[erlang-questions] Garbage Collection, BEAM memory and Erlang memory
Fri Jan 23 07:14:05 CET 2015
On Thu, Jan 22, 2015 at 6:38 PM, Roberto Ostinelli <roberto@REDACTED>
> Here's something I've tried which is successful in avoiding the memory
> increase for binaries.
> Inside a loop, I used to have:
> <<Body:Len/binary, "\r\n", Rest/binary>> = Data,
> loop(Body, Rest);
> Now I force a binary copy to ensure that the reference to the original
> full binary is easily removed:
> <<Body0:Len/binary, "\r\n", Rest0/binary>> = Data,
> Body = binary:copy(Body0),
> Rest = binary:copy(Rest0),
> loop(Body, Rest);
> This seems to have stabilized the memory usage reported by erlang:memory/0
> - I believe this can only work if the copied binary are *heap* and not
> *ref-c*, is this correct?
> Binary copy makes a new copy of the binary regardless of size, but it is
only useful on ref-c binaries,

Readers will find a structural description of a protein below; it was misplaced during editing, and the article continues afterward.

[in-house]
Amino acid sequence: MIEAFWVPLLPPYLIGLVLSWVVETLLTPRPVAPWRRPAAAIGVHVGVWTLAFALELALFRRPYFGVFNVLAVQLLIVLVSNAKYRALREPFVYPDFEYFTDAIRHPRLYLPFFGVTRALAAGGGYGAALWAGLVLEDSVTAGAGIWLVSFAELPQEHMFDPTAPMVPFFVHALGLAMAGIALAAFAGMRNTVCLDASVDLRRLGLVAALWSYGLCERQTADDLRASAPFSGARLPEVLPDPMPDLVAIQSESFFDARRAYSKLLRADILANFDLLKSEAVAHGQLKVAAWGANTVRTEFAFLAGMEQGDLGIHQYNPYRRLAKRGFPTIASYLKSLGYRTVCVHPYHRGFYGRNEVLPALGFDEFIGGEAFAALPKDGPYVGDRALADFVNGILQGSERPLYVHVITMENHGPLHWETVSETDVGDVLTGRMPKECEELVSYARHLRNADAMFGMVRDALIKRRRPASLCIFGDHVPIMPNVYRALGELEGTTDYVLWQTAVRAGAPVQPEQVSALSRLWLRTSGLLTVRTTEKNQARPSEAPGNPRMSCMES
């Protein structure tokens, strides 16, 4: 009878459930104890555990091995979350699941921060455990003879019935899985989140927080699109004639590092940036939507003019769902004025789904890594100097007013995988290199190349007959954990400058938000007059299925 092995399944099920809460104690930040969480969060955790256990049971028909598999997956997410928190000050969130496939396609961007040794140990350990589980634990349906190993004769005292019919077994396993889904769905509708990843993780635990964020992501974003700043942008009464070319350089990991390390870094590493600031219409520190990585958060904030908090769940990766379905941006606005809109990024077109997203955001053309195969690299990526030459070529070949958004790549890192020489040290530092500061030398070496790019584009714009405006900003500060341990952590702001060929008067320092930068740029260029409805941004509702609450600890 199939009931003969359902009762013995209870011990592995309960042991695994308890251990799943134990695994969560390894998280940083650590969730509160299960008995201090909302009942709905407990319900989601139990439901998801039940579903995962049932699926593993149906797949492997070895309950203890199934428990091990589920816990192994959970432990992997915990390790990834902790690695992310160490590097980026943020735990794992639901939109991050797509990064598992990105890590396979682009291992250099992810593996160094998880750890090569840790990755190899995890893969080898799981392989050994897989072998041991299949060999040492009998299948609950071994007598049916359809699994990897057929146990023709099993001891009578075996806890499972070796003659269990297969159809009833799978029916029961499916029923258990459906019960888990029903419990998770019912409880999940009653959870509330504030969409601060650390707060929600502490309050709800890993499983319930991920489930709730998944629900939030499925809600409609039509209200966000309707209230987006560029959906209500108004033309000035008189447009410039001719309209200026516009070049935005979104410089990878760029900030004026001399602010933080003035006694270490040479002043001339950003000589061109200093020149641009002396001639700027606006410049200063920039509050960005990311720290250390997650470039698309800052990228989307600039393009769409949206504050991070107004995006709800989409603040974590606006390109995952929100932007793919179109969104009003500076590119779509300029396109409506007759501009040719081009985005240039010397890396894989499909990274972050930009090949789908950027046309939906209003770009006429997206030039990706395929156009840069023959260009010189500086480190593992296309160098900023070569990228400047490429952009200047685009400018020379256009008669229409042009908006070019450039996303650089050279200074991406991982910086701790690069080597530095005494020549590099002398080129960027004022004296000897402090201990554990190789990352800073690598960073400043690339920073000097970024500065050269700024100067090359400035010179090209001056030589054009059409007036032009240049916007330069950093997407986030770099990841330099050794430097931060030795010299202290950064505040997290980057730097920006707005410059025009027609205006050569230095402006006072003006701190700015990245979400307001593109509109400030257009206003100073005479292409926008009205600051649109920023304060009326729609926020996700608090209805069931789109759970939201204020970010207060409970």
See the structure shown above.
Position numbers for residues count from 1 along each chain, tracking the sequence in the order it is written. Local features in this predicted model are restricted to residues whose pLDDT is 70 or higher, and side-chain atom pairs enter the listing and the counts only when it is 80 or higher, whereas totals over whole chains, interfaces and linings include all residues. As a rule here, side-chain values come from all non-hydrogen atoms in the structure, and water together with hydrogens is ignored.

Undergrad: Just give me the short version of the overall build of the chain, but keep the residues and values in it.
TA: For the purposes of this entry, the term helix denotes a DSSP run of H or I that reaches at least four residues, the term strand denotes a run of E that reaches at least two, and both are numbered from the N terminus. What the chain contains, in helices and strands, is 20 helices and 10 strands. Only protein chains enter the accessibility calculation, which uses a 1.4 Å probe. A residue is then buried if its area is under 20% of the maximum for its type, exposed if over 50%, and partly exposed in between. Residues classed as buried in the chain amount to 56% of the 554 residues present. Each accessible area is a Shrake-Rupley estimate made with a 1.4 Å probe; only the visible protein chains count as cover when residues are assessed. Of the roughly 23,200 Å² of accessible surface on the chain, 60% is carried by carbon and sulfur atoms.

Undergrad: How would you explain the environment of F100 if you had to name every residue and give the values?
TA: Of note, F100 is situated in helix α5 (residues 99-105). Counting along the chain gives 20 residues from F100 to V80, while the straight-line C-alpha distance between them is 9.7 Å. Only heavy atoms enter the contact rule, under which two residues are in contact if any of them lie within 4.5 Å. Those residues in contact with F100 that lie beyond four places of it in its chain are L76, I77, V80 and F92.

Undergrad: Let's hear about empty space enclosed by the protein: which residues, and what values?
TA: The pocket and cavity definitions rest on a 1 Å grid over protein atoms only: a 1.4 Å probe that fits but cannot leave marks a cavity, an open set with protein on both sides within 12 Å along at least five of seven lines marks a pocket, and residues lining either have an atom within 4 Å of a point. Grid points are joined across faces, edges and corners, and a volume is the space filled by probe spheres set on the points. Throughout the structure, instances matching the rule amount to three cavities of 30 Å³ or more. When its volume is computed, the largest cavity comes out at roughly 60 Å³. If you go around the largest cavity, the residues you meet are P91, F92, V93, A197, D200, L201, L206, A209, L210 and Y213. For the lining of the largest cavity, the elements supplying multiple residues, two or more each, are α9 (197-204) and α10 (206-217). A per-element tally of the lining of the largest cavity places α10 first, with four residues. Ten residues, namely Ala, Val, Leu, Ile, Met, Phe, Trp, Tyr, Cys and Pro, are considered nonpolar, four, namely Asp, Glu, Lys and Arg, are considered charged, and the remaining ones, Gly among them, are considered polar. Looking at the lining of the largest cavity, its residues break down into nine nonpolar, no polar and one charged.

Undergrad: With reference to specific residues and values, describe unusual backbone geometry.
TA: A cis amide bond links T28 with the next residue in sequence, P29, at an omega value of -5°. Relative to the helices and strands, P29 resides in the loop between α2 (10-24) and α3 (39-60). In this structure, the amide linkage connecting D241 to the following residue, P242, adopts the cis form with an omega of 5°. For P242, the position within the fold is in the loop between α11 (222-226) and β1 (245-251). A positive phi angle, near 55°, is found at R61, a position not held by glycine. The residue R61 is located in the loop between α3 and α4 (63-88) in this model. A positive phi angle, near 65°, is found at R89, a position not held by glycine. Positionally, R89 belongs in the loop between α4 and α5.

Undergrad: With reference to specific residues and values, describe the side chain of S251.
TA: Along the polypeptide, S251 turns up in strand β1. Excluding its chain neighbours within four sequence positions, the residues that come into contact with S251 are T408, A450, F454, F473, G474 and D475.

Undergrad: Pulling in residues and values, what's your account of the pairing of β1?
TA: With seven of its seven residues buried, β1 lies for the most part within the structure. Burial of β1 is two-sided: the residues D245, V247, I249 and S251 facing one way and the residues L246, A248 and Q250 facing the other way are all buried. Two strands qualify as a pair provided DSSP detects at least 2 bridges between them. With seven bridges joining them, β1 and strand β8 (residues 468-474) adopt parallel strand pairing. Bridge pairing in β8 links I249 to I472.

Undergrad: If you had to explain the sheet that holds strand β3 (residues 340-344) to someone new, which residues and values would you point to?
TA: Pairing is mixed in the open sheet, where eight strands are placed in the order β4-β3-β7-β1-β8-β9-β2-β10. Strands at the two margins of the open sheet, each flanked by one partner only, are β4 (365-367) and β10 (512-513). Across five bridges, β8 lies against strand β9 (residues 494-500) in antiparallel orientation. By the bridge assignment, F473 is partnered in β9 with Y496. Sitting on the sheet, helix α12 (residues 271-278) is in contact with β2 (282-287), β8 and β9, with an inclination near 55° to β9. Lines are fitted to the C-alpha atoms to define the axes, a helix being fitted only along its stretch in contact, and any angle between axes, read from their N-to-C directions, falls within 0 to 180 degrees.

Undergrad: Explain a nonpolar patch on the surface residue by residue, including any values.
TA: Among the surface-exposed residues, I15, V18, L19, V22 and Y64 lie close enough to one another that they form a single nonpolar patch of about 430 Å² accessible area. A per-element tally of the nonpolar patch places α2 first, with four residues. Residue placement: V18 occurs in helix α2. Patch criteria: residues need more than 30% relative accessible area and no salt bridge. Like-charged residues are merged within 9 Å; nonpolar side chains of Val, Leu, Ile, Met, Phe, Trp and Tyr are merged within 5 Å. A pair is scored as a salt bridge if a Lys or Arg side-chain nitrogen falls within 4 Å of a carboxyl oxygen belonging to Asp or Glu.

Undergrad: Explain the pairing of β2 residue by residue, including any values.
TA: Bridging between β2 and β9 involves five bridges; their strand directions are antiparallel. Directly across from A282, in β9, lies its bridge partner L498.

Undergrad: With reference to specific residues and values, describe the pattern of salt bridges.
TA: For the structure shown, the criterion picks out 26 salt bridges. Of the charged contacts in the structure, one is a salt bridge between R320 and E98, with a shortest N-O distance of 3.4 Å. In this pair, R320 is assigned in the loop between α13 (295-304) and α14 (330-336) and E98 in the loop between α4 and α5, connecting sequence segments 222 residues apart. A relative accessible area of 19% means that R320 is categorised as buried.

and should be used to avoid keeping references to large binaries, when you
keep and use a small part
of the original binary. But in this case you make a copy of Data (-2 bytes)
and thus will double up the memory until Data is gc'ed and refc reaches
zero. So I do not see the point of the above nor of making it a list which
only explode your memory even more.
> - Unfortunately, the BEAM process reported RES memory sill keeps
> Any other ideas?
> On Thu, Jan 22, 2015 at 6:11 PM, Roberto Ostinelli <roberto@REDACTED>
>> Thank you Robert.
>> I'm going to try a selective fullsweep_after.
>> Could this also justify the process memory increase (which is more
>> On Thu, Jan 22, 2015 at 6:00 PM, Robert Virding <rvirding@REDACTED>
>>> One thing you can see is that the size of the binary data is growing.
>>> This space contains the large binaries (> 64 bytes) which are sent in
>>> messages between processes. While this means that the messages become
>>> (much) smaller and faster to send it takes a much longer time to detect
>>> that they are no longer alive and can be reclaimed. Basically it takes
>>> until all the processes they have passed through does a full garbage
>>> collection. Setting fullsweep_after to 0 and doing explicit garbage
>>> collects speeds up reclaiming the binaries.
>>> You could be much more selective in which processes you set
>>> fullsweep_after to 0 and which ones you explicitly garbage collect.
>>> I don't know if the is *the* problem but it is *a* problem you have.
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